Reviewed by D. Byrne
Sometimes people, places and deeds are hard to separate. Sometimes impossible. John Clare, jazz musician, critic and music lover, is one such person. His love of writing, jazz, his fellow jazz musicians, as well as the life of a jazz musician are of a piece. These loves are not the kind that set boundaries, but instead, are those that lay foundations for something more. On them are built la dolce vita, the sweet life, that includes, moreover, his enthusiasm for water sports and bike riding. These sentiments, moreover, pulse through the many short and long pieces which comprise this collection.
John Clare’s life as a Sydneysider, born in 1940 at Maroubra Bay, gives his enthusiasm for water sports and bike riding a form and content which only this city can give. While Sydney has many shades of light and form, it is at heart an intensely physical city with its own distinct voice which Peter Carey has so wonderfully re-created, in his book 30 Days in Sydney: A Wildly Distorted Account (Bloomsbury Publishing PLC). Its sunny days are deeply dazzling; its rain and wind, utterly penetrating. His essays ‘Bike! Bike!’ and ‘View from the ward’ reveal for example both the physical joys and pitfalls of bike riding around Sydney, as ‘Autumn Water’ and ‘Ad lib: zwischen den Flaggen’ reveal the joys of swimming at its beaches.
While Bodgie Dada and the Birth of the Cool (UNSW Press) reflects the key role jazz plays in the author’s life, Take Me Higher celebrates the no less important role that writing has played. In all pieces, the reader finds a warm sympathy for his subject combined with a keen eye for detail, together with an economy of expression, all hallmarks of fine writing. These are probably best shown in ‘”I cutta the balls off!”: becoming a professional writer’. Acute observation comes to play in the longer ‘Take me Higher’. In this short memoir, a regional plane flight becomes the vehicle for reflections on family life, Sydney’s tribes and neighbourhoods, science and religion, Biggles and economics journalist Ross Gittins, contemporary politics and a very post modern appeal to the future for some answer to some of the intractable issues of the day. Such are these incessant squabblings, as reflected in a newspaper he took on the flight that he cries to himself ‘Pilot, can we have more altitude? Take me higher!’ (p. 153). This piece, Clare says, is ‘about as near as I approach the spiritual’ (p. 107) – and shows that he has been able to transcend the many dualities that so often define a life.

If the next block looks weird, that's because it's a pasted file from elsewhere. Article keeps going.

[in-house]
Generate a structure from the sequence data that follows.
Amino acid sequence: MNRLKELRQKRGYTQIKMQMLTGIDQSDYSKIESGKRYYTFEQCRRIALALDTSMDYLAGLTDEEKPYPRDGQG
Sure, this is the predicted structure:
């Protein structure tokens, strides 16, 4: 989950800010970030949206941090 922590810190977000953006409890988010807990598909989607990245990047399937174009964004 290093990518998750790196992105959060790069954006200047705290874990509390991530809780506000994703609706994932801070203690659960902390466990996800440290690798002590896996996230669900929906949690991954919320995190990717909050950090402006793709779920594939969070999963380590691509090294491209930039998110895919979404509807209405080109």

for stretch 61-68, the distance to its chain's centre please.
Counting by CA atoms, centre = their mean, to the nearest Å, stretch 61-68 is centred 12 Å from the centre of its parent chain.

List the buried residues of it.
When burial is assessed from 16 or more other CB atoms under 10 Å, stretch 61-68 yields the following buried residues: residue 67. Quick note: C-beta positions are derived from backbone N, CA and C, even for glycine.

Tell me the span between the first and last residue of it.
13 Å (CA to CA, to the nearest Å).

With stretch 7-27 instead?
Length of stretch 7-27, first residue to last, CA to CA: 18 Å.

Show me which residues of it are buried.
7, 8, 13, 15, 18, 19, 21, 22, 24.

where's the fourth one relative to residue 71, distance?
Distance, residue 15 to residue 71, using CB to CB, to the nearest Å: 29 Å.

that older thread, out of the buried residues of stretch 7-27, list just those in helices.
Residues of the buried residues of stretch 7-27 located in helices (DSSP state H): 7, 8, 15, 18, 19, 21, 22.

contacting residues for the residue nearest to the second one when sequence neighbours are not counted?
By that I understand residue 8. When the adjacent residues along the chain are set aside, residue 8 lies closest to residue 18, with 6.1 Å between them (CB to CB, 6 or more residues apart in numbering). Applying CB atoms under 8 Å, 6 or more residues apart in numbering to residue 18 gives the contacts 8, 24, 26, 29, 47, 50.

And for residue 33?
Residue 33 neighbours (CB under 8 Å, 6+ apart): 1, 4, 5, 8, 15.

All our parents warned us about the pitfalls of becoming a writer, becoming a musician, and the rest. We are indeed fortunate that a few ignore this well-meant advice.
In his character profiles of Leslie Walford, ‘Pork Pies, kitsch and high society, the Walford Way’, of Jeanne Little in ‘Maaaarvellous’, and Pastor Arthur Neville in ‘The Word of God comes to you in a white Mercedes’, the descriptions of the landscape of Sydney found in some of his other pieces are given some flesh in the interviews and background commentary on these minor Sydney celebrities of an almost bygone era.
With his extended pieces of jazz criticism we move from the rhythms of the exterior world to a more interior set of rhythms. In so doing Clare’s personality changes key. His opinions are more definite notwithstanding the abstraction of the material. His critical and well informed engagement with jazz’s roots and traditions as well as its many later by-ways give backbone to his commentary. The themes of creative excellence in ‘The Lone Trumpeter’ and ‘Ten Part Invention & Andrea Keller’, camaraderie in ‘Ornette Coleman in Sydney’, homage in ‘Sonny Rollins at the Sydney Opera House’, and spontaneity in ‘Meeting Miles and (Gil)’ illuminate just how much the ethos of jazz permeates his soul and his bones. This undoubtedly helped him to capture the lighter, more expansive side of Miles, a rare feat indeed:
I smiled and Miles then began laughing softly rocking from side to side on his leather lounge chair. I watched him draw, wondering whether we ought to sort out that strange run of non sequiturs. I personally didn’t care. I knew exactly what he was talking about through all the changes of direction, yet I would find it hard to explain. At any rate, he just kept talking and drawing. (p. 115).
Few journalists can boast of such an encounter. The interview alone is worth the price of the book, I might add.
Clare’s Sydney Morning Herald ‘Spectrum’ pieces range further than his other essays. The contradictions of everyday life, love, work and culture are reflected upon in the context of celebrity ‘Fame and other bruises’, and religion ‘Religion: stand up if you believe’ and ‘Across the bridge between youth and age’, art and science ‘Art in the time of science’, and the physical and the spiritual ‘God’s dance party remix’. As someone who has lived a full life and more than that, has examined the meaning of his life, the fallacy of many typical dualities is transparent.
All our parents warned us about the pitfalls of becoming a writer, becoming a musician, and the rest. We are indeed fortunate that a few ignore this well-meant advice. We are also fortunate that, moreover, that some of those who do dare to step outside the white picket fenced rat race are able to lift their fellows just that little bit higher, at least for a while. John Clare’s many accomplishments as a jazz musician and critic, as well as author, poet and journalist have greatly enriched this country’s cultural life.
© D. Byrne
D. Byrne is a public servant who enjoys good books and fine music.
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